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Heading Back to College? 3 Things About STDs You Must Know 

With school back in session, there are some things you won’t learn in class.

One is how to protect yourself against sexually transmitted disease. Although there may be some mention of STDs, it’s not a subject that is talked about enough.

That’s why it’s very important to educate yourself about STDs so you can protect yourself and your sexual partners from getting diseases while attending college.

Here are three things you need to know about sexually transmitted diseases.

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Where Does Your College Rank on Trojan’s 2014 Sexual Health Report Card?

On the cusp of March Madness, there’s a different set of collegiate rankings we’d like to draw your attention to: the top 10 list of universities in terms of sexual health.

We’ve reported on the Trojan™ sexual health report card before, and now that 2014’s results are in, we’re here to see if any of 2013’s data has changed.

If you’re a college student, a parent, a collegiate administrator, or just a curious alum checking up on your alma mater, check out the details on 2014’s sexual health rankings below.

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STDs Are More Common Than College Degrees

College isn’t cheap or an easy process to complete. It’s grueling and challenges students in many different ways. Getting a college degree is a real accomplishment in 2013 because so many people don’t have the opportunity to attend university. But, it’s unfortunate to know that people are now more likely to get an STD than a college degree.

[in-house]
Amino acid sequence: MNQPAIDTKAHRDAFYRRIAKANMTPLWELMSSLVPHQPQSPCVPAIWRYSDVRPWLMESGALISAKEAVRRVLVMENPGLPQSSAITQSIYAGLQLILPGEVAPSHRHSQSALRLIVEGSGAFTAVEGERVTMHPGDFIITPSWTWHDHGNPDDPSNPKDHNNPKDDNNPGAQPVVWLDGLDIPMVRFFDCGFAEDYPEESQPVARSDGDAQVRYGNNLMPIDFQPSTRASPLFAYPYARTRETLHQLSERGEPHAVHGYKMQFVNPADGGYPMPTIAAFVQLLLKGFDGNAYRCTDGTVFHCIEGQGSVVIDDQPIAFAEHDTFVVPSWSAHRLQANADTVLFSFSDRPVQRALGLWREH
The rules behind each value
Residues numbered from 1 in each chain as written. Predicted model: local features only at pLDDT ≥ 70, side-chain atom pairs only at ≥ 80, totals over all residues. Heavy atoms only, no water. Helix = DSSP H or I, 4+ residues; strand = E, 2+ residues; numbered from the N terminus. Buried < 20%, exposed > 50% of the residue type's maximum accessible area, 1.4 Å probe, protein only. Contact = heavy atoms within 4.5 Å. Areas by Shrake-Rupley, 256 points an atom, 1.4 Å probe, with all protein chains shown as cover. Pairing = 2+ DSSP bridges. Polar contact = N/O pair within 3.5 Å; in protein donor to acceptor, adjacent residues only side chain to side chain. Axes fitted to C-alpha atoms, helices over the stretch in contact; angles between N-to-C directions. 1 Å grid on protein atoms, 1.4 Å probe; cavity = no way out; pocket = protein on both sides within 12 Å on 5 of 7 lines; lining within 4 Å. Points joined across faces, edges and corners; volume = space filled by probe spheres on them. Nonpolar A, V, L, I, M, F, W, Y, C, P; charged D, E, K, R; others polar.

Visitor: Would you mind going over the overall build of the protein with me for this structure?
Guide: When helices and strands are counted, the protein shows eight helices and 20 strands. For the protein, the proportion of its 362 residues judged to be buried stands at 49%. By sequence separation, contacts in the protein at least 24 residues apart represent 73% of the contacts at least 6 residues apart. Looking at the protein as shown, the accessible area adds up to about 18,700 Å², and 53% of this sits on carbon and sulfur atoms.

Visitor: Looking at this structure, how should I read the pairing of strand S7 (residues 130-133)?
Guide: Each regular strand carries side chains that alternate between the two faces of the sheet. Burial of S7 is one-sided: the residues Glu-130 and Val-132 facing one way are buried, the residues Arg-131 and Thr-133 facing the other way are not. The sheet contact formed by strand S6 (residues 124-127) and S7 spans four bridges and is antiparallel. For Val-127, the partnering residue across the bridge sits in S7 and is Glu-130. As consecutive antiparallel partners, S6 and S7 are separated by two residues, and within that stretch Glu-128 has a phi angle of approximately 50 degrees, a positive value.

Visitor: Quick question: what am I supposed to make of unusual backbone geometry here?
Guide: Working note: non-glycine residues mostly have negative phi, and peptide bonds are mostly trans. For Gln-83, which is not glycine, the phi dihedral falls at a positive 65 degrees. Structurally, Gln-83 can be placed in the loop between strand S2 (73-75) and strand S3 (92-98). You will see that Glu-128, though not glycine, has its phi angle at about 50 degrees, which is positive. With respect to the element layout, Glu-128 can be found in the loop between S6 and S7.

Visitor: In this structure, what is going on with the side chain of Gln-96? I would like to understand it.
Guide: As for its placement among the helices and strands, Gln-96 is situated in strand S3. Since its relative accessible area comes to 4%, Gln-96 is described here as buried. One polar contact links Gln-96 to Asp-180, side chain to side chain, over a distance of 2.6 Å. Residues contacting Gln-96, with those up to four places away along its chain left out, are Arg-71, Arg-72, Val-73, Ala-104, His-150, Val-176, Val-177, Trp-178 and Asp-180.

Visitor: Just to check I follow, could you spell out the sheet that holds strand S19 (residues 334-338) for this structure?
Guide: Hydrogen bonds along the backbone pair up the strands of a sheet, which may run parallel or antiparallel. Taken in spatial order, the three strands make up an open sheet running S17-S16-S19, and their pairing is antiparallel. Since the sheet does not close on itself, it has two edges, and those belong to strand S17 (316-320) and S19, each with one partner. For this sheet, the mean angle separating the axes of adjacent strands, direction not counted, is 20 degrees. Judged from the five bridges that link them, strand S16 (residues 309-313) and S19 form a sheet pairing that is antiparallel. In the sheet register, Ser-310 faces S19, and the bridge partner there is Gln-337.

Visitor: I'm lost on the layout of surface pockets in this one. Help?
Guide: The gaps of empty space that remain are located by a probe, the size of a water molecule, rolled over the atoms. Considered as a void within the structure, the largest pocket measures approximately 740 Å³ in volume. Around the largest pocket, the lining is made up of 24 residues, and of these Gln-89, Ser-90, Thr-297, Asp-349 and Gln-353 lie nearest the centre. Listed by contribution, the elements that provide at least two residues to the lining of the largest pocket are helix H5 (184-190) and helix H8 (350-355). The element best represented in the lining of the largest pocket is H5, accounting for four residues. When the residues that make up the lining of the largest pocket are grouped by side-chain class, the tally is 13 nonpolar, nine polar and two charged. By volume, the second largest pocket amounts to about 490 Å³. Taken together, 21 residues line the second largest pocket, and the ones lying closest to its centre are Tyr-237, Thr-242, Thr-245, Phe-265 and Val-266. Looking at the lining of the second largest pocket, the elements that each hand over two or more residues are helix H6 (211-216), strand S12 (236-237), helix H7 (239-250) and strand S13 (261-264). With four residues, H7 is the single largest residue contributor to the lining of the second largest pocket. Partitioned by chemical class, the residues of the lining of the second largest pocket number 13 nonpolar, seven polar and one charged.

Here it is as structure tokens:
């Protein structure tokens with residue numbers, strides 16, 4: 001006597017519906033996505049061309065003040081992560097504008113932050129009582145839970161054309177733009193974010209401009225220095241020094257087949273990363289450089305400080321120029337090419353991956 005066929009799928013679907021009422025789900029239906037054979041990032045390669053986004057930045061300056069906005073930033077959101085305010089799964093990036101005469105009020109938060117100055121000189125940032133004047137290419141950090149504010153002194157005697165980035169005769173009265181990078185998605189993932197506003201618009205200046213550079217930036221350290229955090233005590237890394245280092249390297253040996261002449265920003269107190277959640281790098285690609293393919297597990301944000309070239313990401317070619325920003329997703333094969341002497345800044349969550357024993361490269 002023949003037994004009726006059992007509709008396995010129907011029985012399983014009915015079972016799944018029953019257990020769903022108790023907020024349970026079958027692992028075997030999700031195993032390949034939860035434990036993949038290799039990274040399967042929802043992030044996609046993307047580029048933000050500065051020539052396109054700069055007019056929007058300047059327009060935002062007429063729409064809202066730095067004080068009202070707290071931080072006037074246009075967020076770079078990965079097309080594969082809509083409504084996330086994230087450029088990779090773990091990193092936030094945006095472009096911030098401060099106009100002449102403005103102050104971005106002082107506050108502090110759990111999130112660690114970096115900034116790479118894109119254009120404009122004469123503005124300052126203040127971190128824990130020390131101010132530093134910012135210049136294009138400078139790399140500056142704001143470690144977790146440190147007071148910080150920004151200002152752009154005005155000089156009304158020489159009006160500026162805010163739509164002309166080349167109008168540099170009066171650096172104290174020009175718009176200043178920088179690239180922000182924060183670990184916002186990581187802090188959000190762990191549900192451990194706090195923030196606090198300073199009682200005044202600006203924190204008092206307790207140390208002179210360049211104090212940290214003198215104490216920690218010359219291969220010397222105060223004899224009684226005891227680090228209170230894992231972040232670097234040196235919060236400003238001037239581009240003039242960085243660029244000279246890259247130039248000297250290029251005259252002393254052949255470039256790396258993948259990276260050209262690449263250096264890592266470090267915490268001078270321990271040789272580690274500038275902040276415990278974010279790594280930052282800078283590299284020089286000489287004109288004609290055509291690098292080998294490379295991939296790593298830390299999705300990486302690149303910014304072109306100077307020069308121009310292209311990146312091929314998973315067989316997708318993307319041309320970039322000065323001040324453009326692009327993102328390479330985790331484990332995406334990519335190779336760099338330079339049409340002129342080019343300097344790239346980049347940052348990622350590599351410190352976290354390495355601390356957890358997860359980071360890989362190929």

The statistics on STDs

College-students-working-for-their-degreesIn 2008 there were 19.7 million new cases of patients with STDs. Of those cases, 10 million were seen in patients 15 to 24-years-old, putting the main college demographic right in the middle of the mess. With just over 1,500,000 students getting their bachelor’s degree, new STD cases outnumbered degrees 6-to-1.

What does this say about us?

Some would argue that having sex is proving to be more important than achieving a college degree, and they may have a good point. We, however, think a little bit differently. College degrees take four years or more to achieve, sometimes a little bit less than that. While college students are on their journey to get their diploma, they have many opportunities to have sex. That very clearly doesn’t take four years.

Also, you have to look at the 15 to 22-year-olds who won’t get college degrees but are having sex. It’s not to say they won’t get degrees, they just won’t get them the year they’re diagnosed.

Priorities and Choices

College degrees are important, but this isn’t a question of priorities. It’s a matter of choices. If you choose to have sex, know the risks. Always practice safe sex. Always let your partner know if you have an STD or have been treated for them in the past. And we can’t stress this enough — If you’re having sex regularly or with different partners, get tested regularly!

If you’re a college student, best of luck on your way to getting that degree.

You can be a part of STD preventionTEST SMARTLY LABS can help you prevent the spread of STDs with tests from great professionals.

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